10. Hutcherson, P (1991). ‘Community based rehabilitation in the Diocese of Eldoret, Kenya’ (Anglican Church of Kenya), http://www.kenyamission.org/kehidrehab.htm [Accessed 18th November 2005]
  11. Kuper, H (1963). The Swazi: A South African Kingdom, Holt, Rinehart, and Winston: New York, NYGoogle Scholar
  12. Levin, K (2005). ‘I am what I am because of who we all are: International perspectives on rehabilitation: South Africa’, Paediatric Rehabilitation. 9(3):285–292Google Scholar
  13. Maverick, B (1966). The Swazi: An Ethnographic Account of the Natives of the Swaziland Protectorate. Frank Cass/Cambridge University Press:London/CambridgeGoogle Scholar
  14. Meyer, C, & Moagi, S (2000). ‘Determining priority needs of mothers with disabled children in Winterveldt’, South African Journal of Occupational Therapy. 30(2):7–11Google Scholar
  15. Mweshi, M, & Mpofu, R (2001). ‘The perceptions of parents and caregivers on the causes of disabilities in children with cerebral palsy: A qualitative investigation’, South African Journal of Physiotherapy. 57(2):28–31Google Scholar
  16. Ngwisha, J (2003). ‘The concept of poverty: It’s analysis and application to Swaziland’, in Kanduza, A, & DuPont-Mkhonza, S (eds), Poverty in Swaziland: Historical and Contemporary Forms. (pp.8–34) OSSREA Swaziland ChapterGoogle Scholar
  17. Nkomazi Spatial Development Framework (2003). http://www.ledc.co.za/docs/Nkomazi local municipality/spatial development framework [Accessed 14th April 2005]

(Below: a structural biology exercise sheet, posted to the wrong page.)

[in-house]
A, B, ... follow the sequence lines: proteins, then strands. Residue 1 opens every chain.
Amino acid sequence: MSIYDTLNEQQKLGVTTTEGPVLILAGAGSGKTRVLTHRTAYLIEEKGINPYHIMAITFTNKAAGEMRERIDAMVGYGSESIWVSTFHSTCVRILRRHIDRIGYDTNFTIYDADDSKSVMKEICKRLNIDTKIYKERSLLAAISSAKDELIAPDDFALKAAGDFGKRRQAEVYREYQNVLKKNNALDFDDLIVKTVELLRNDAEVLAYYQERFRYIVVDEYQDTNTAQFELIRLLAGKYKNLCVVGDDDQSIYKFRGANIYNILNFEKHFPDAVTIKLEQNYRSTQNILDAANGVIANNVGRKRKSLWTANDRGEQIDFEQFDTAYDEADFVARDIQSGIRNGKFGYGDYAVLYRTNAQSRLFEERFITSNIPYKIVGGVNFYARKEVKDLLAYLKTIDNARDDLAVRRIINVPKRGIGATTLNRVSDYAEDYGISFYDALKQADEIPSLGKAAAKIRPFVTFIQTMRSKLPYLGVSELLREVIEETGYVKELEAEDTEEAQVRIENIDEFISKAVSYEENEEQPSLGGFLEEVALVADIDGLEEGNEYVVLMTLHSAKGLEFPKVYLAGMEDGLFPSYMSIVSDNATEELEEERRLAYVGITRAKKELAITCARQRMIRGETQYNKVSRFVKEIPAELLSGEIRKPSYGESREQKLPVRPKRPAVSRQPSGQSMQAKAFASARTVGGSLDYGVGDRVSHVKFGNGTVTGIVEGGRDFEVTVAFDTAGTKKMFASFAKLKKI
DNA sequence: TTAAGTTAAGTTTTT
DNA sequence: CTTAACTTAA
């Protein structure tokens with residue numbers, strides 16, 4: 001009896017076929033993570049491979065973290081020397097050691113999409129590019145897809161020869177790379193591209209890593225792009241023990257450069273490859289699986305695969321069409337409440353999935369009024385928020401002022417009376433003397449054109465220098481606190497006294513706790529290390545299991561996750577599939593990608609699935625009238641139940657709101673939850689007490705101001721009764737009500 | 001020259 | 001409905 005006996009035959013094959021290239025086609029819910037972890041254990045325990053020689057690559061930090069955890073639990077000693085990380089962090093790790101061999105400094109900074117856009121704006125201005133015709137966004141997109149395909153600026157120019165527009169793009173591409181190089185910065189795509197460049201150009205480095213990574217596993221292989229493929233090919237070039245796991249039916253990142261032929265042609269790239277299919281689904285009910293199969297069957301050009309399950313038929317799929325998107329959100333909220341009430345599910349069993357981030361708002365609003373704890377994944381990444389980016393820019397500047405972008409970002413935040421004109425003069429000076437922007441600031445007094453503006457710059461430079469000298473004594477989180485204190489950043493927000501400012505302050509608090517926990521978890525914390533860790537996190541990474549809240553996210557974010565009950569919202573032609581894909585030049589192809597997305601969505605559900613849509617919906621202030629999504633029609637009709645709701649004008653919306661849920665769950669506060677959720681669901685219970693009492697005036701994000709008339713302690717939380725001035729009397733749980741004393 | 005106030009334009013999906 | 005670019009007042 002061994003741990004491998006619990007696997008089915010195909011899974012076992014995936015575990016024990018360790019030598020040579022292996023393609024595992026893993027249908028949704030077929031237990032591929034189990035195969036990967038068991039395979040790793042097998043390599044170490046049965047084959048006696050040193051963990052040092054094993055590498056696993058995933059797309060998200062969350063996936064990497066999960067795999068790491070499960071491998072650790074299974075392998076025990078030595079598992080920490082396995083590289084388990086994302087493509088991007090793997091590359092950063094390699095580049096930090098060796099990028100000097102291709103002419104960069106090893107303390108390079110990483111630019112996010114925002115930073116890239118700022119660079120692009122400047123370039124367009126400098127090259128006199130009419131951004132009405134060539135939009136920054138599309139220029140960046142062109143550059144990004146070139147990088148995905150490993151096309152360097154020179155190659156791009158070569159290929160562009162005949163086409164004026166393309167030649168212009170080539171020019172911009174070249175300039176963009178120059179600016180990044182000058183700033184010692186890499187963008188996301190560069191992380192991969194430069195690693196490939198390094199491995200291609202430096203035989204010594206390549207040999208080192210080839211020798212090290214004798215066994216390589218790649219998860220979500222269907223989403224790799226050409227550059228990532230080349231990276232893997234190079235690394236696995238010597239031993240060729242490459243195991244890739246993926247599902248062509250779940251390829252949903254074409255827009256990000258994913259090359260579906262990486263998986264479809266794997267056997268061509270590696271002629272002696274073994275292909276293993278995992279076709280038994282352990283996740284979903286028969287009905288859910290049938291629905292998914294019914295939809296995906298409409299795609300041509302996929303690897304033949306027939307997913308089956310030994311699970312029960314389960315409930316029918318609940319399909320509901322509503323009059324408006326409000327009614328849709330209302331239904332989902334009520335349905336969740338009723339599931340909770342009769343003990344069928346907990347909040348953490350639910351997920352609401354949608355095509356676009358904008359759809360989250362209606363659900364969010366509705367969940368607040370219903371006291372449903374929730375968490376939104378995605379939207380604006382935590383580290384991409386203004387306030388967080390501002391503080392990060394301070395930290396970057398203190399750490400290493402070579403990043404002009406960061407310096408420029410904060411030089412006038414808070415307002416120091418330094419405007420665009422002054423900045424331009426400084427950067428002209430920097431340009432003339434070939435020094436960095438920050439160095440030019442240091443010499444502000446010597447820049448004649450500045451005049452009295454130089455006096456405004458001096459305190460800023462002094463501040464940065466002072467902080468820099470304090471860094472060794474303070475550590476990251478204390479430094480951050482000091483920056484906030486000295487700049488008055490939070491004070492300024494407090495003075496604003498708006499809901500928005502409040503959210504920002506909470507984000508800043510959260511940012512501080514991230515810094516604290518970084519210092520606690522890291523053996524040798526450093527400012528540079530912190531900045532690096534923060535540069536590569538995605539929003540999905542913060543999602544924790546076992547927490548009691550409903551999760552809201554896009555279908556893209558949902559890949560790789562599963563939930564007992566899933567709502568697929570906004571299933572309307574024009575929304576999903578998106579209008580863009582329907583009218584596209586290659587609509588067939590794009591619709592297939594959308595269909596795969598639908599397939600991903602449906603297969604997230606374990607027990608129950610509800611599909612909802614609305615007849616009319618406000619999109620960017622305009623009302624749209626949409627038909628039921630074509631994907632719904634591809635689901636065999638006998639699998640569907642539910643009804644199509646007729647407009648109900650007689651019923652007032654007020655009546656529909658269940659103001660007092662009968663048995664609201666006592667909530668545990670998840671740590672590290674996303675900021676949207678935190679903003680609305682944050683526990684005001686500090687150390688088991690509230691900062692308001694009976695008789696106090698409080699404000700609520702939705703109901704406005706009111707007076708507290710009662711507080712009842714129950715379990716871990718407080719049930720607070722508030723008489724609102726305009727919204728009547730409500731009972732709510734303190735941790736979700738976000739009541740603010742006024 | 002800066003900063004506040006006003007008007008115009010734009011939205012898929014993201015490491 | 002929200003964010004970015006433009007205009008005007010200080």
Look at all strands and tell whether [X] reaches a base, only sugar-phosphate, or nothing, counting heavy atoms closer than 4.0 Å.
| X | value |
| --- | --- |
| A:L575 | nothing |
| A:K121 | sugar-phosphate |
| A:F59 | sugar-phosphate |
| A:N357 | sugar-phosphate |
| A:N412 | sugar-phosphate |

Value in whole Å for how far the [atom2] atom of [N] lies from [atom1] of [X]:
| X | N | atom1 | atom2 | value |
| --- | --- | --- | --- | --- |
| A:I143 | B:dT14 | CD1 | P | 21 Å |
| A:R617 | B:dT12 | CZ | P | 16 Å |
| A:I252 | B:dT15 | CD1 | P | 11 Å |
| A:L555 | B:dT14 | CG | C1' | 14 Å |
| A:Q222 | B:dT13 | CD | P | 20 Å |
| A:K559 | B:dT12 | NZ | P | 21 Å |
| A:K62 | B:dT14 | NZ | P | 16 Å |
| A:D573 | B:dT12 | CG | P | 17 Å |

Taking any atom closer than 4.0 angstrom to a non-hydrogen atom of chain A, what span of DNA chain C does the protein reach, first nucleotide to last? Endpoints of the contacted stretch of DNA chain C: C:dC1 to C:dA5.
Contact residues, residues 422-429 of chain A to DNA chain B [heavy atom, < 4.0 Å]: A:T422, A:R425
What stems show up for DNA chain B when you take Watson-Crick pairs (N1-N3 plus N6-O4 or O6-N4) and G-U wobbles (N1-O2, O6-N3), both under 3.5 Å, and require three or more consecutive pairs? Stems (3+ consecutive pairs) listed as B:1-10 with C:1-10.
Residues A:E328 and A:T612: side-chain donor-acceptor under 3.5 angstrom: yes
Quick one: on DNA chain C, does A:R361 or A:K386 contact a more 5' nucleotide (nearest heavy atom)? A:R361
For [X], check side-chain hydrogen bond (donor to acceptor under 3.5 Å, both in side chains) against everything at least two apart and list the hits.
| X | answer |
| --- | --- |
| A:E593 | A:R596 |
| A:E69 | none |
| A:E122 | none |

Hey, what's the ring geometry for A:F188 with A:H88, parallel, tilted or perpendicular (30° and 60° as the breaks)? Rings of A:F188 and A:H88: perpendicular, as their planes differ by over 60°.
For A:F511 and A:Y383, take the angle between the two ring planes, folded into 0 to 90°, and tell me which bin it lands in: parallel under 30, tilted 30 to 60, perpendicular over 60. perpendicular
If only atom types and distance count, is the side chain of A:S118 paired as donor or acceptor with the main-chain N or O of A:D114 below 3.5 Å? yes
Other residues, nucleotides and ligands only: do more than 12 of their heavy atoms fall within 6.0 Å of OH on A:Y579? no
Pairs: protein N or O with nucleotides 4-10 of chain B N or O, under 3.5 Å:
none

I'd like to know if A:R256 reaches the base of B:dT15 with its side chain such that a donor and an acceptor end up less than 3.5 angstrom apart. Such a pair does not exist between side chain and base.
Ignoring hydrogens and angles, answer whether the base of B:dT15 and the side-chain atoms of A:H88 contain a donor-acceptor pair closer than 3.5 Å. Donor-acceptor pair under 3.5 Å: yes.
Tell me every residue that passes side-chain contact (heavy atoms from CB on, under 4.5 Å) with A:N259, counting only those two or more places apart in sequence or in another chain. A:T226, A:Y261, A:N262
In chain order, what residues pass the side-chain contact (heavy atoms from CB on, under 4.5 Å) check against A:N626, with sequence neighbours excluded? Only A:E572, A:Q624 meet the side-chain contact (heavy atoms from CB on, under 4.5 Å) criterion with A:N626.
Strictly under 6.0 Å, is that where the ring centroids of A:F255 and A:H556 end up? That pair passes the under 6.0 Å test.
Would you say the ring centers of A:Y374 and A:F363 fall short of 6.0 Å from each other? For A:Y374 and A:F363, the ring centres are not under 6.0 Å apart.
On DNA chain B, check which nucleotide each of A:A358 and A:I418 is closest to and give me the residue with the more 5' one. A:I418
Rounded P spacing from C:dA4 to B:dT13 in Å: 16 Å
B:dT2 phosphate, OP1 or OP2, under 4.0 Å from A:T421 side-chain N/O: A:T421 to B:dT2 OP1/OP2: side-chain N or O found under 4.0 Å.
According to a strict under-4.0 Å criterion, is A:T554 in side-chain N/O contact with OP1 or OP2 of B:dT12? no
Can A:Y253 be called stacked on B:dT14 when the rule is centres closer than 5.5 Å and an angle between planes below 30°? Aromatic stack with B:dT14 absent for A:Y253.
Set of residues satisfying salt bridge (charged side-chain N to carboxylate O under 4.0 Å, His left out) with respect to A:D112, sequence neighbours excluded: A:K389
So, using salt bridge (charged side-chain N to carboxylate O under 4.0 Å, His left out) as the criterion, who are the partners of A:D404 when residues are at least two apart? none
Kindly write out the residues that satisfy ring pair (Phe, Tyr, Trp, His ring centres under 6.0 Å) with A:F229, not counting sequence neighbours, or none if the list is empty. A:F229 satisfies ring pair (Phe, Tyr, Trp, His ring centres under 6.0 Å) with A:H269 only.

18. Nkomazi Integrated Development Plan (2006–2007). Available from: http://www.nkomazimun.co.za/idp.html [Accessed 6th August 2008]
  19. Nutbeam, D (2000). ‘Health literacy as a public health goal: A challenge for contemporary health education and communication strategies into the 21st century’, Health Promotion International. 15:259–267CrossRefGoogle Scholar
  20. Penn, C (2000). ‘Cultural narratives: Bridging the gap educating speech-language pathologists to work in multicultural populations’, The South African Journal of Communication Disorders. 47:71–78Google Scholar
  21. Pfeiffer, J (2003). ‘International NGO’s and primary healthcare in Mozambique: The need for a new collaborative model’, Journal of Social Science and Medicine. 56:725–738CrossRefGoogle Scholar
  22. Potterton, J (1996). ‘Cerebral palsy in Giyani’. South African Journal of Physiotherapy. 52(3):66–68Google Scholar
  23. Rehle, T, & Shisana, O (2003). ‘Epidemiological and demographic HIV/AIDS projections: South Africa’, South African Journal of AIDS Research. 2(1):1–8CrossRefGoogle Scholar
  24. Scheper-Hughes, N (1990). ‘Three propositions for a critically applied medical anthropology’, Social Science and Medicine. 30(2):189–197PubMedCrossRefGoogle Scholar

Copyright information

© Springer Science+Business Media, LLC 2009

Authors and Affiliations

  • Joanne Barratt
    • 1
  • Claire Penn
    • 1
  1. 1.Speech Therapy DepartmentUniversity of the WitwatersrandJohannesburgSouth Africa

Personalised recommendations